This is what television is all about.
For the first time in a long time, I feel like The Flash, much like Barry Allen, is on its path to redemption and regaining that sense of familiarity that audience members like myself have known from the start.
(Now, if only Arrow can deliver a similar episode that begins the rebirth of Oliver Queen’s character…)
Let’s break this down even further, shall we:

Choices Have Consequences

I keep saying it, but it’s never not going to be true. This was the episode of The Flash that I have been waiting for. This was the episode where I finally felt like there was some validation for my anger towards Barry for his selfishness and the hero that he has become.
For Barry, it was never about: Could he even be the hero he once was? It was more about: When would Barry become a better version of the hero he once was?
You see, for all of the reasons and the period of time that I’ve disliked Barry for his selfishness in what is ultimately a selfless job, I never once doubted that Barry could redeem himself. He’s human, after all. I’m not here to tell you that I hold Barry to a higher standard because he’s a hero. In fact, I’m here to tell you that I’ve always believed that Barry would be that hero I knew and loved once again.
It was always a question of: WHEN?
Given Barry’s repeated mistakes when it comes to being more selfish than selfless, I was wondering if The Flash writers were even aware of what Barry had become. That Barry himself, while yes he made mistakes, had never truly learned his lesson. And that’s the important part. It’s not about the mistakes he made. It’s about acknowledging his mistakes, learning his lesson, and choosing to do something about it.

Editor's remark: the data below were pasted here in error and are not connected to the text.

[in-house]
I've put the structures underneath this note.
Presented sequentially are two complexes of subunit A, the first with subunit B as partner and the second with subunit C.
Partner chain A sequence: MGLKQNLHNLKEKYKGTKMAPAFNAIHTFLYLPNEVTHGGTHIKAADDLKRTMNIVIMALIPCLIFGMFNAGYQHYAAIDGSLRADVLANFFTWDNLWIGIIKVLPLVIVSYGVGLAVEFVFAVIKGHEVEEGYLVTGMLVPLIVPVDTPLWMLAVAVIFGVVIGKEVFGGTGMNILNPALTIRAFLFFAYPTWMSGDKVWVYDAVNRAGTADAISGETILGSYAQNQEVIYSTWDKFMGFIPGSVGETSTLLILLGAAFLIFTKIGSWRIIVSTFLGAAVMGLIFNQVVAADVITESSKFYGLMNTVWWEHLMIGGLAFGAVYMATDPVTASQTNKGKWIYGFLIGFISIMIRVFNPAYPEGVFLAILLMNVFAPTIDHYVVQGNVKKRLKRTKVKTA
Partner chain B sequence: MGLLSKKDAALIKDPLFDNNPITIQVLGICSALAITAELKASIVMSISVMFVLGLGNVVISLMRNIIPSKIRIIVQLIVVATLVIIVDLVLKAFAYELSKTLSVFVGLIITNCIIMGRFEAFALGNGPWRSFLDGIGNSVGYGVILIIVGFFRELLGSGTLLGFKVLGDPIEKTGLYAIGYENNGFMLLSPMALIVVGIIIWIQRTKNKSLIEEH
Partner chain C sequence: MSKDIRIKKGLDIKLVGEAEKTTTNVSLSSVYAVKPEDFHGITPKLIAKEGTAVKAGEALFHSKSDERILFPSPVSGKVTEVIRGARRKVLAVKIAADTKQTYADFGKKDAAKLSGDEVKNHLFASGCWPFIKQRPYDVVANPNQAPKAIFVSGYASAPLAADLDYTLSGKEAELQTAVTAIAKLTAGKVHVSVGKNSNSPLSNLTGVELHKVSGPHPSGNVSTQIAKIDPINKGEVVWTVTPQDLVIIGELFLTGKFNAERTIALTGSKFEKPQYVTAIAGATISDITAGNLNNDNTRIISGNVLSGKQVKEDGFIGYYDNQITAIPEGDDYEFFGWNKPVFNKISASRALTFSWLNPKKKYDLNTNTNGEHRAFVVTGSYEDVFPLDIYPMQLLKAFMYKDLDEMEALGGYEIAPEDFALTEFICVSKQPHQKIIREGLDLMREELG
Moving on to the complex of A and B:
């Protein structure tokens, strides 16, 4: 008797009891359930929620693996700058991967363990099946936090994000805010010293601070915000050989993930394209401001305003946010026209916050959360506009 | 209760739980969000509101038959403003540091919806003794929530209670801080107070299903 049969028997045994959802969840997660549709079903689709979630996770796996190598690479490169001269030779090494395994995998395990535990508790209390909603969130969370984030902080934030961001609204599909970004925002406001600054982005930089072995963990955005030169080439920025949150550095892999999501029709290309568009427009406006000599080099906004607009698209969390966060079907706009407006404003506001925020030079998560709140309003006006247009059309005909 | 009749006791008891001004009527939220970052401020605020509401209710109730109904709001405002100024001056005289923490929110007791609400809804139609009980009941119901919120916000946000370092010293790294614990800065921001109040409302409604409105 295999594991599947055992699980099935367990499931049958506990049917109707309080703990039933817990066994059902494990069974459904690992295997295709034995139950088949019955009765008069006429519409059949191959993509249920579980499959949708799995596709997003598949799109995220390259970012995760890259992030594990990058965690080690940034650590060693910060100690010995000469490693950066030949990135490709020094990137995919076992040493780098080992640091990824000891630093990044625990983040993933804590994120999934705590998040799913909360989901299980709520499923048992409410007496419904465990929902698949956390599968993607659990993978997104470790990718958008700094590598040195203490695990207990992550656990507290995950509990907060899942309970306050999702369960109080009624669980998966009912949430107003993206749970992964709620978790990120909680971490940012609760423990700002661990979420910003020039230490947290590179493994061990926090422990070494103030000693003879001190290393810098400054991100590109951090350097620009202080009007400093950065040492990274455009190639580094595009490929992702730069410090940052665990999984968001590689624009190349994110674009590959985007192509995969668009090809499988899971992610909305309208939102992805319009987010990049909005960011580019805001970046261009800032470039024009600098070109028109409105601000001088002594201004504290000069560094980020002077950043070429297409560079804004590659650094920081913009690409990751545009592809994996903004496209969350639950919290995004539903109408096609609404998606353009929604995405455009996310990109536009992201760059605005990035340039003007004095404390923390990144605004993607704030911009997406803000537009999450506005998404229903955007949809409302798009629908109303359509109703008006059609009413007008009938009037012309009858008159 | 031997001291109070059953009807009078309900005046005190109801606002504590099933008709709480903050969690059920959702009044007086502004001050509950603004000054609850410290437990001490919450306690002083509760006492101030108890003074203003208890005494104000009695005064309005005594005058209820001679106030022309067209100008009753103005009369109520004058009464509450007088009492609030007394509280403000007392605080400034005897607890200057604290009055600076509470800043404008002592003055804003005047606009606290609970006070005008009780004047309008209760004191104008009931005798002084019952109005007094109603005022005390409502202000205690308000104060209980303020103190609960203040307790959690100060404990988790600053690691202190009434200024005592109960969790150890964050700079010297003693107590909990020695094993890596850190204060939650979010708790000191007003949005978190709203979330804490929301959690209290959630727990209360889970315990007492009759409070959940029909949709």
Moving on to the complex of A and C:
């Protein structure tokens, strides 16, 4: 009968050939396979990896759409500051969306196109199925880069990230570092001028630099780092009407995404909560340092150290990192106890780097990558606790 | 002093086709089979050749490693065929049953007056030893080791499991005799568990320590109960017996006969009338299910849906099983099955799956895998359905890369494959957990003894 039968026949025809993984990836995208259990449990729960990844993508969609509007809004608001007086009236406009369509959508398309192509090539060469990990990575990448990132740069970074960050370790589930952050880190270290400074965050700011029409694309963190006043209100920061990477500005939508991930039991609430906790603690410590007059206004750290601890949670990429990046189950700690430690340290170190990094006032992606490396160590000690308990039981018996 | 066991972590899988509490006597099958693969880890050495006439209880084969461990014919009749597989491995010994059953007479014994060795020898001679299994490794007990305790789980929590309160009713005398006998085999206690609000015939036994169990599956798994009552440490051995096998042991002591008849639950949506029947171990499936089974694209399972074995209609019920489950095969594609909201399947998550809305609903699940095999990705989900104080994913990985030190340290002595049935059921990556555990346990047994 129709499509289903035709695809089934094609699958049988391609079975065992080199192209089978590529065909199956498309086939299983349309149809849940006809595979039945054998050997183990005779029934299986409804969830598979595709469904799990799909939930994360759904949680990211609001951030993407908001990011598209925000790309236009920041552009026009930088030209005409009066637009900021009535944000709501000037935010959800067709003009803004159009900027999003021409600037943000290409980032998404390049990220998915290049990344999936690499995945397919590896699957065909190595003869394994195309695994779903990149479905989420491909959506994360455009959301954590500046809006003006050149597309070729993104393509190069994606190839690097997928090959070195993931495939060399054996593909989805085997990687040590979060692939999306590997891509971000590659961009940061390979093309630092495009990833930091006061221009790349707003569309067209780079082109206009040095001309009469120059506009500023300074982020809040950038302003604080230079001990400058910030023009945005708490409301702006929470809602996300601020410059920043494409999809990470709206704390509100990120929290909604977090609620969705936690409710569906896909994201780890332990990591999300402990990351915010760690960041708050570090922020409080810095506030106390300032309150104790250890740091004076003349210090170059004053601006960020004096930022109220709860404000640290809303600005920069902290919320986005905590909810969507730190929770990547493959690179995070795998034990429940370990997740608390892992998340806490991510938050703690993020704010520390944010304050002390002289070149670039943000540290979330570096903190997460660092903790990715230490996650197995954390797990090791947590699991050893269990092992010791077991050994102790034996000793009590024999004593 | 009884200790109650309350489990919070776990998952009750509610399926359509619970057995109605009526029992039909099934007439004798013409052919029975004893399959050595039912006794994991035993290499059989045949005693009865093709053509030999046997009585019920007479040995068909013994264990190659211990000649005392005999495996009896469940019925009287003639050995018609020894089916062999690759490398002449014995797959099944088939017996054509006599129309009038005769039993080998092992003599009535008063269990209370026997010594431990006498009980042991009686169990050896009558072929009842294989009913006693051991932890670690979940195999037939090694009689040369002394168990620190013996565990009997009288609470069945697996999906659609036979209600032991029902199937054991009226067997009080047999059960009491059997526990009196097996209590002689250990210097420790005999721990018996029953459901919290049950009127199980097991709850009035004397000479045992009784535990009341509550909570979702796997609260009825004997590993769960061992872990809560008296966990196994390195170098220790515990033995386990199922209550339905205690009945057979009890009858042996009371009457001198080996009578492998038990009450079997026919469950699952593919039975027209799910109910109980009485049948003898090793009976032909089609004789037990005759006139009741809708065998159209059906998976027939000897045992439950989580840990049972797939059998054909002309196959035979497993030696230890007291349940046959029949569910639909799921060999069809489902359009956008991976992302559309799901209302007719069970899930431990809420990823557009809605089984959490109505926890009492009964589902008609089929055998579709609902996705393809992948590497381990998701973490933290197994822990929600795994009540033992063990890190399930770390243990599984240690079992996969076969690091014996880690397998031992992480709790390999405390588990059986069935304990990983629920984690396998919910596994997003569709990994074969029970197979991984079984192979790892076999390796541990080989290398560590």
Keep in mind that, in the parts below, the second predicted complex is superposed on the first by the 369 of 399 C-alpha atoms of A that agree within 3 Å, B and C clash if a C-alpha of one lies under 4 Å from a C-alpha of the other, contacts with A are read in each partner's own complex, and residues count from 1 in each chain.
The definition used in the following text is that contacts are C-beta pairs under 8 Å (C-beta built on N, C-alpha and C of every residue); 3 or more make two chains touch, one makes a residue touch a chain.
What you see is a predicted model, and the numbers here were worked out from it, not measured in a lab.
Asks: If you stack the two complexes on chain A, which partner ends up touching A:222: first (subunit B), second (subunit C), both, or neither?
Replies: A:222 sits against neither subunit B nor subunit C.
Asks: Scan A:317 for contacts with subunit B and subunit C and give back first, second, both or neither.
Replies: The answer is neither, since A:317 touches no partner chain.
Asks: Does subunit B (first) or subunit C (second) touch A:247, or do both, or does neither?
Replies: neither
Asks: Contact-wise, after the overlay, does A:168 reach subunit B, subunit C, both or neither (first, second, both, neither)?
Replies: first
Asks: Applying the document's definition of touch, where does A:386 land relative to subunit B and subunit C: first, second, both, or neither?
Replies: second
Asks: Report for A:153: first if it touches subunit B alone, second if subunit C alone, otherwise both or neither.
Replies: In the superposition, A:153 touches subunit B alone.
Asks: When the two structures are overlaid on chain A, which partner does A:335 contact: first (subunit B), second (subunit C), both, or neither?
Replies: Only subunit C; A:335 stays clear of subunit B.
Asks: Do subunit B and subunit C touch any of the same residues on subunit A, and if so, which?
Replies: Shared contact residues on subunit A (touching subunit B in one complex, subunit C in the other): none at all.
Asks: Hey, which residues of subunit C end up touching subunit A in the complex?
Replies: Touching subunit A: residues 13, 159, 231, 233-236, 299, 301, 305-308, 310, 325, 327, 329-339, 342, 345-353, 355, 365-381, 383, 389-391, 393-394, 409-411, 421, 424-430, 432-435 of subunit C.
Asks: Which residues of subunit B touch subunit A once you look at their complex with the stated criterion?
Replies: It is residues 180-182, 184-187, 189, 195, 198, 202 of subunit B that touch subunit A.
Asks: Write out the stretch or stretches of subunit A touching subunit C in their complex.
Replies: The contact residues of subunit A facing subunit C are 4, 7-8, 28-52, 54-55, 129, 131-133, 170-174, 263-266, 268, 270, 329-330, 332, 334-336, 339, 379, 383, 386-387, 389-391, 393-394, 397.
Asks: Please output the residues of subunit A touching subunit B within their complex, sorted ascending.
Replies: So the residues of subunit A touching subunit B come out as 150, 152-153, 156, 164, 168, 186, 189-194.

I believe that I’ll look back on this episode – “Into the Speed Force” – as the episode where everything changed. The episode where Barry Allen was set right on his course for redemption.
You see, there’s a difference between saying that you’re sorry or that you’ve learned your lesson and actually showing that you understand that. There was something that the Speed Force told Barry that really got me (and trust me, they said a lot of truth that had me nodding vigorously):

“You’re not learning your lesson, Barry. You keep saying one thing and doing another.”

Basically, Barry keeps saying that he’s wrong, but his actions have proved otherwise. You see, actions really do speak louder than words. You can say all you want, but the only real way to measure that is through actions.
For the longest time, Barry has been all talk. He’s apologized; he’s admitted that he f***ed up, which is good and all, but he’s never actually shown that he’s going to do something about it.
The Speed Force set out to teach Barry a very important lesson. And actually the lesson that Barry took from the Speed Force isn’t the one I’m talking about. Sure, the Speed Force wanted Barry to understand that it’s his and his responsibility alone when it comes to saving Iris.
But I’m talking about learning the lesson that every choice has a consequence.
It’s the most important lesson we can all learn in life. Every decision we make – even if we have the best intentions in mind – has a consequence. It can be a good consequence or a bad one. Consequences don’t always have to be bad.
But when it comes to someone like Barry – who is held almost to higher standards than others because he is a hero – he has to understand that lesson to a tee. There is no – “Just this once…” or “But it’ll save the woman I love’s life…” – there is only what is right and what is wrong.
Now, I’m not saying that Barry shouldn’t try to save those he loves. He should. Lord knows I would if in a similar situation. But given that Barry has been at this for three years now, he should know better when it comes to acting on selfish impulses. This would be something we’d expect in season 1, not season 3.